Container Scanning to be Put on Hold?

“Taking a layered approach to cargo security is a more reasonable method to secure our cargo until a new method of X-raying containers is proven effective,” said sponsoring senators Patty Murray, D-Wash., and Susan Collins, R-Maine
By Patrick Burnson, Executive Editor
August 03, 2010 - LM Editorial

The voice of reason was sounded in the Senate yesterday when legislation was introduced to suspend the 100 percent scanning requirement for ocean cargo containers.

“Taking a layered approach to cargo security is a more reasonable method to secure our cargo until a new method of X-raying containers is proven effective,” said sponsoring senators Patty Murray, D-Wash., and Susan Collins, R-Maine.

It should be noted that these two lawmakers were also among the authors of the 2006 Security and Accountability for Every Port Act. They realize that today’s technology simply does not measure up to the demands made upon most ports for screening compliance.

The SAFE Port Reauthorization Act of 2010 will eliminate the July 2012 deadline Congress enacted in 2007, if the secretary of Homeland Security certifies that a risk-based approach to container security is effective.



About the Author

image
Patrick Burnson
Executive Editor

Patrick Burnson is executive editor for Logistics Management and Supply Chain Management Review magazines and web sites. Patrick is a widely-published writer and editor who has spent most of his career covering international trade, global logistics, and supply chain management. He lives and works in San Francisco, providing readers with a Pacific Rim perspective on industry trends and forecasts. You can reach him directly at .(JavaScript must be enabled to view this email address).


Subscribe to Logistics Management magazine

Subscribe today. It's FREE!
Get timely insider information that you can use to better manage your
entire logistics operation.
Start your FREE subscription today!

Recent Entries

The Airforwarders Association, which represents more than 360 companies that move air cargo through the supply chain, today applauded an agreement reached by Congressional leaders to advance legislation giving the President authority to conclude key global trade agreements.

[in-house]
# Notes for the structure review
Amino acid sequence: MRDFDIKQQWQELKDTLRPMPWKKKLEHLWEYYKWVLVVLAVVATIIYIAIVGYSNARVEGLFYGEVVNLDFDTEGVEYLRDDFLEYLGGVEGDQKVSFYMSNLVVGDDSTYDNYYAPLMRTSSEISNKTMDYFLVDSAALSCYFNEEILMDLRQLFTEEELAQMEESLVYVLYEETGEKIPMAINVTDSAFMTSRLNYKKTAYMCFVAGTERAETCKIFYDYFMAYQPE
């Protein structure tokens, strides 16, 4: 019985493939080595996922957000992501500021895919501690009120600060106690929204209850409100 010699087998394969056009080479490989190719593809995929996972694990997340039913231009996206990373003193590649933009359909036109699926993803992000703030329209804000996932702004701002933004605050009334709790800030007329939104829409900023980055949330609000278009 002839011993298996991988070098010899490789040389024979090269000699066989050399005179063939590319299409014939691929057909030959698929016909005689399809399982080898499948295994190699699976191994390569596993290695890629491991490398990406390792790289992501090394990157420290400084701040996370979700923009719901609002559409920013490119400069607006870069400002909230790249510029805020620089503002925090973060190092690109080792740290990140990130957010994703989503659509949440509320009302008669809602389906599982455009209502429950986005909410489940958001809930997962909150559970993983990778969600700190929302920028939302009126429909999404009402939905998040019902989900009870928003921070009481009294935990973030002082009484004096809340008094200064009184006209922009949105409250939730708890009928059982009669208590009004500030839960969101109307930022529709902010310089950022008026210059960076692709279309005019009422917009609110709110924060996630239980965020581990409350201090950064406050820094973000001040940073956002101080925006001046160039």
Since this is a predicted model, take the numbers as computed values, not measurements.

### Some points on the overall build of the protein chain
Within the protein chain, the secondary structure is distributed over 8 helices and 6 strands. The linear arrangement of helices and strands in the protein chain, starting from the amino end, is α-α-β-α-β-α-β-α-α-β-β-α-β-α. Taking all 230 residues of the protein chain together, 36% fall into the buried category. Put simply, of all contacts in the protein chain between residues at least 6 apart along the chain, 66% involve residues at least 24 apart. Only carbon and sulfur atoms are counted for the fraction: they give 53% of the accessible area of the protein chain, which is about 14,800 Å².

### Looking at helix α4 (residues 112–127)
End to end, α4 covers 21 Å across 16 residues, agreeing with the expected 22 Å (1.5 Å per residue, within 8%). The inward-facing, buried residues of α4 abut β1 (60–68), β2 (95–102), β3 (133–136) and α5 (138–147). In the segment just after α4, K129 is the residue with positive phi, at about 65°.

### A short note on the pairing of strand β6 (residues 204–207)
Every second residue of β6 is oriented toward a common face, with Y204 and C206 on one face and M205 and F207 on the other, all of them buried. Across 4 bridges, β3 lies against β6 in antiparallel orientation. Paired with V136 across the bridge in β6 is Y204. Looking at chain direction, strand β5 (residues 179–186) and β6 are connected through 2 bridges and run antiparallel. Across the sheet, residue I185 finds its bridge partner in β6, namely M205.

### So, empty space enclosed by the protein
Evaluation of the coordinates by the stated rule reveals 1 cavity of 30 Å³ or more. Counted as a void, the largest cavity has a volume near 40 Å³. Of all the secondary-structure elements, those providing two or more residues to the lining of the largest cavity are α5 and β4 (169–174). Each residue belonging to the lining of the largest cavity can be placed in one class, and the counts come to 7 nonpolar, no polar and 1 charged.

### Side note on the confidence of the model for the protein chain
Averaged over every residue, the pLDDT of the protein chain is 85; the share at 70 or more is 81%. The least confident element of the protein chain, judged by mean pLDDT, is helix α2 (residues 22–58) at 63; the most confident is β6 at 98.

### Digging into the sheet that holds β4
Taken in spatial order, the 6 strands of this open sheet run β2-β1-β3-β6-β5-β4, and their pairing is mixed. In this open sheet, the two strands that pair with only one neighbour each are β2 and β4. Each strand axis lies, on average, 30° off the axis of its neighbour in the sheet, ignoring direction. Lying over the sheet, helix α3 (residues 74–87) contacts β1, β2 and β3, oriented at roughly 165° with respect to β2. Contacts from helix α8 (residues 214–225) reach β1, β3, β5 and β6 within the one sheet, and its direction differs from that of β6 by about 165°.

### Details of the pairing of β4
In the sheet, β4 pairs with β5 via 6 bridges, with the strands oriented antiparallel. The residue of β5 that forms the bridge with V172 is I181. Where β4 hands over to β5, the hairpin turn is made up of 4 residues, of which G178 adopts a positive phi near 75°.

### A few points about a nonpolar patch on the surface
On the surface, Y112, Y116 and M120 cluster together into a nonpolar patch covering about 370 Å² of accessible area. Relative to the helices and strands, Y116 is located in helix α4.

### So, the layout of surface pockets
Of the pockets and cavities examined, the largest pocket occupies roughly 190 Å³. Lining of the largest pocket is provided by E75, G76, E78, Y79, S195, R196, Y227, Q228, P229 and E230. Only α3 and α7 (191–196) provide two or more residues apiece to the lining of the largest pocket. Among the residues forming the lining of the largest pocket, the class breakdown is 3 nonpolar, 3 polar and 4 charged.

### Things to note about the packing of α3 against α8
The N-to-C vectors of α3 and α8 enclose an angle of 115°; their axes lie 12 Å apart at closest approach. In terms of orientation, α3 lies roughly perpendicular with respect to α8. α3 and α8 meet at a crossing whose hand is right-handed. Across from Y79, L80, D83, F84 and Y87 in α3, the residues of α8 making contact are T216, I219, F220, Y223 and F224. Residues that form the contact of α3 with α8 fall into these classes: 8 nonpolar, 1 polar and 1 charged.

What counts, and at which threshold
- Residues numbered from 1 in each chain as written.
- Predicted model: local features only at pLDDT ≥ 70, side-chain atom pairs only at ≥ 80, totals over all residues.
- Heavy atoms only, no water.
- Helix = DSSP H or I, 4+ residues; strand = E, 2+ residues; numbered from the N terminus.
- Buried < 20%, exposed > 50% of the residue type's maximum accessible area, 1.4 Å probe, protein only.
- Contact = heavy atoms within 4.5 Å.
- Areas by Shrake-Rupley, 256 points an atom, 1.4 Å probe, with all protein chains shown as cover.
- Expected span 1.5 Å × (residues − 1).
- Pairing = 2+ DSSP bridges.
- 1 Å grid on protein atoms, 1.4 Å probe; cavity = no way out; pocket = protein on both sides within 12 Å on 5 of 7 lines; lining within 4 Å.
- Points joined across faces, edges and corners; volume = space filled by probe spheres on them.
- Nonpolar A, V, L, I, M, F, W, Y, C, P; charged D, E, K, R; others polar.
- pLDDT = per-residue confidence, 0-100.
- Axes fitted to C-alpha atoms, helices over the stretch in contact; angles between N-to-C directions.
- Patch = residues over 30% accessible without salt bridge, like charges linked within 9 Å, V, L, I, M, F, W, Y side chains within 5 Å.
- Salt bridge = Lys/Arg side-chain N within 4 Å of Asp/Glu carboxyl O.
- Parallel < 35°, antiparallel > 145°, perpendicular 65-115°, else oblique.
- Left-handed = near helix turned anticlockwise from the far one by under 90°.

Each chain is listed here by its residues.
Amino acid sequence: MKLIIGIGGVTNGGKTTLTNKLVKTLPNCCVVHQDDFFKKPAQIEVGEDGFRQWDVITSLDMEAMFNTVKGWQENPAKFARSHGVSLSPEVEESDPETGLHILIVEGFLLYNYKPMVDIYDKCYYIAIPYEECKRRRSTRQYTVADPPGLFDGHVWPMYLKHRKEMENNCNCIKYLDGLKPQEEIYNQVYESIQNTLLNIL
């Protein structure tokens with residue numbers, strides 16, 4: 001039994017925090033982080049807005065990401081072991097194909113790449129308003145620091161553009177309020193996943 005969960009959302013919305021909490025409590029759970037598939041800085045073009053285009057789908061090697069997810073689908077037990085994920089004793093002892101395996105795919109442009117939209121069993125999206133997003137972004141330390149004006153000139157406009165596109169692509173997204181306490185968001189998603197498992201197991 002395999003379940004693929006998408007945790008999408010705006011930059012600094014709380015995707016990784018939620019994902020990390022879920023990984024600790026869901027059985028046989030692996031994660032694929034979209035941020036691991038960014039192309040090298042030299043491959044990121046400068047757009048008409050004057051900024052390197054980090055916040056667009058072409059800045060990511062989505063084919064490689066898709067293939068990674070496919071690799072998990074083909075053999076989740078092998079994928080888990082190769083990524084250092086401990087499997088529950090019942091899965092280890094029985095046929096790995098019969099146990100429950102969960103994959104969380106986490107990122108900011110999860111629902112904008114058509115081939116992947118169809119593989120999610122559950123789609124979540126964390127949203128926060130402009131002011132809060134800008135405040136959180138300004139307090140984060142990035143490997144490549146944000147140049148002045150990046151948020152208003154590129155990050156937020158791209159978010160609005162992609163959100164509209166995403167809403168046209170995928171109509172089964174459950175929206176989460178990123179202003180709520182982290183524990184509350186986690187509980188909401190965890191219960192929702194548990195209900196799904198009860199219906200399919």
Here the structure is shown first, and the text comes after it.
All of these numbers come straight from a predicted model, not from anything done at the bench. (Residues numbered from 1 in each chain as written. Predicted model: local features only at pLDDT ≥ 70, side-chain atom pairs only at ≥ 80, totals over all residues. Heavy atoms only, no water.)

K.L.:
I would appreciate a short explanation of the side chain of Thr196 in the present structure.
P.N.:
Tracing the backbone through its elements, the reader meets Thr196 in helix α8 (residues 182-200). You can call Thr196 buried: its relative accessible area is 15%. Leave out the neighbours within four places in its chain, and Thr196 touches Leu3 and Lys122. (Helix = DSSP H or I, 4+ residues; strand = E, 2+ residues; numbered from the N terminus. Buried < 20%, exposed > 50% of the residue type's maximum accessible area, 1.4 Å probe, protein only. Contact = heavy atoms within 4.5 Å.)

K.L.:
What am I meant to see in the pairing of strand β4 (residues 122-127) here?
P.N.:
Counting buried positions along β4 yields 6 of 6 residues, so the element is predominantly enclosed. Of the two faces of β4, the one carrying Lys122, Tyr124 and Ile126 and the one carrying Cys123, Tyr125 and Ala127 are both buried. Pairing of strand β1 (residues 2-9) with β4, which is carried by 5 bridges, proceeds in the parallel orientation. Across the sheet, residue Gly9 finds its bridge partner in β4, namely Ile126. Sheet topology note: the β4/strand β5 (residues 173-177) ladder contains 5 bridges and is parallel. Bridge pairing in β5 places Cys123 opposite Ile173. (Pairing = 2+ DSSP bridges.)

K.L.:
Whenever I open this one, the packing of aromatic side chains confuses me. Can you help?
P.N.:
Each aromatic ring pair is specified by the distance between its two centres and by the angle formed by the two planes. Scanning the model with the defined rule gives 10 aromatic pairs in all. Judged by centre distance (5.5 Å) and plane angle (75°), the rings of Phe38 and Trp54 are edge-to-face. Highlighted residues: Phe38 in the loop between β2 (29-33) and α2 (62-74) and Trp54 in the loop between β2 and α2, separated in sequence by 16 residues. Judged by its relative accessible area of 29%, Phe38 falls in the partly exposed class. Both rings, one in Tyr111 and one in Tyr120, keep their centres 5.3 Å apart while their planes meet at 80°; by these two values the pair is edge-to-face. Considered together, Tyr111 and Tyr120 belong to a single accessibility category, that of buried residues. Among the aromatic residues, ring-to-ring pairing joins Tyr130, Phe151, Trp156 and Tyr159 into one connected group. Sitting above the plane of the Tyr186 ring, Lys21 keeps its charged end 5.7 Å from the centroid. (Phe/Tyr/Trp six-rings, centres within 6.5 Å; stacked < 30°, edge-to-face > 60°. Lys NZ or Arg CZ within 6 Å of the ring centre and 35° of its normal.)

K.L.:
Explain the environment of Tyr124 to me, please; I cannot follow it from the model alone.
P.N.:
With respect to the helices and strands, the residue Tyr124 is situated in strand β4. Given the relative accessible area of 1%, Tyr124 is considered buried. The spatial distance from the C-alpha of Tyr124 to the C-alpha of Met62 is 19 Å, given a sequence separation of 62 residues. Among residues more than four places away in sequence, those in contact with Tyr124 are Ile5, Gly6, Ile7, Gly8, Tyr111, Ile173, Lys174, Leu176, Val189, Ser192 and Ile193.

Despite great opportunity for growth, the logistics market in Latin America is lagging behind other emerging markets thanks in part to its notoriety for corruption, violence, poor infrastructure and government bureaucracy.

Both the mega-port of Los Angeles, and the Port of Oakland (California's third largest ocean cargo gateway, issued positive reports this month.

The American Association of Port Authorities (AAPA) applauded introduction of The Bipartisan Congressional Trade Priorities and Accountability Act of 2015 (TPA-2015), which is bipartisan legislation to modernize and renew U.S. Trade Promotion Authority (TPA).

Container lines must accelerate their internal-transformation efforts and extract more value from their alliances in order to restore profitability, according to a new report by The Boston Consulting Group (BCG).

Article Topics

Blogs · Technology · Ports · Container · Security · All topics

About the Author

Patrick Burnson, Executive Editor
Patrick Burnson is executive editor for Logistics Management and Supply Chain Management Review. Patrick covers international trade, global logistics, and supply chain management. He lives and works in San Francisco, providing readers with a Pacific Rim perspective on industry trends and forecasts. Contact Patrick Burnson

Comments

Post a comment
Commenting is not available in this channel entry.


© Copyright 2015 Peerless Media LLC, a division of EH Publishing, Inc • 111 Speen Street, Ste 200, Framingham, MA 01701 USA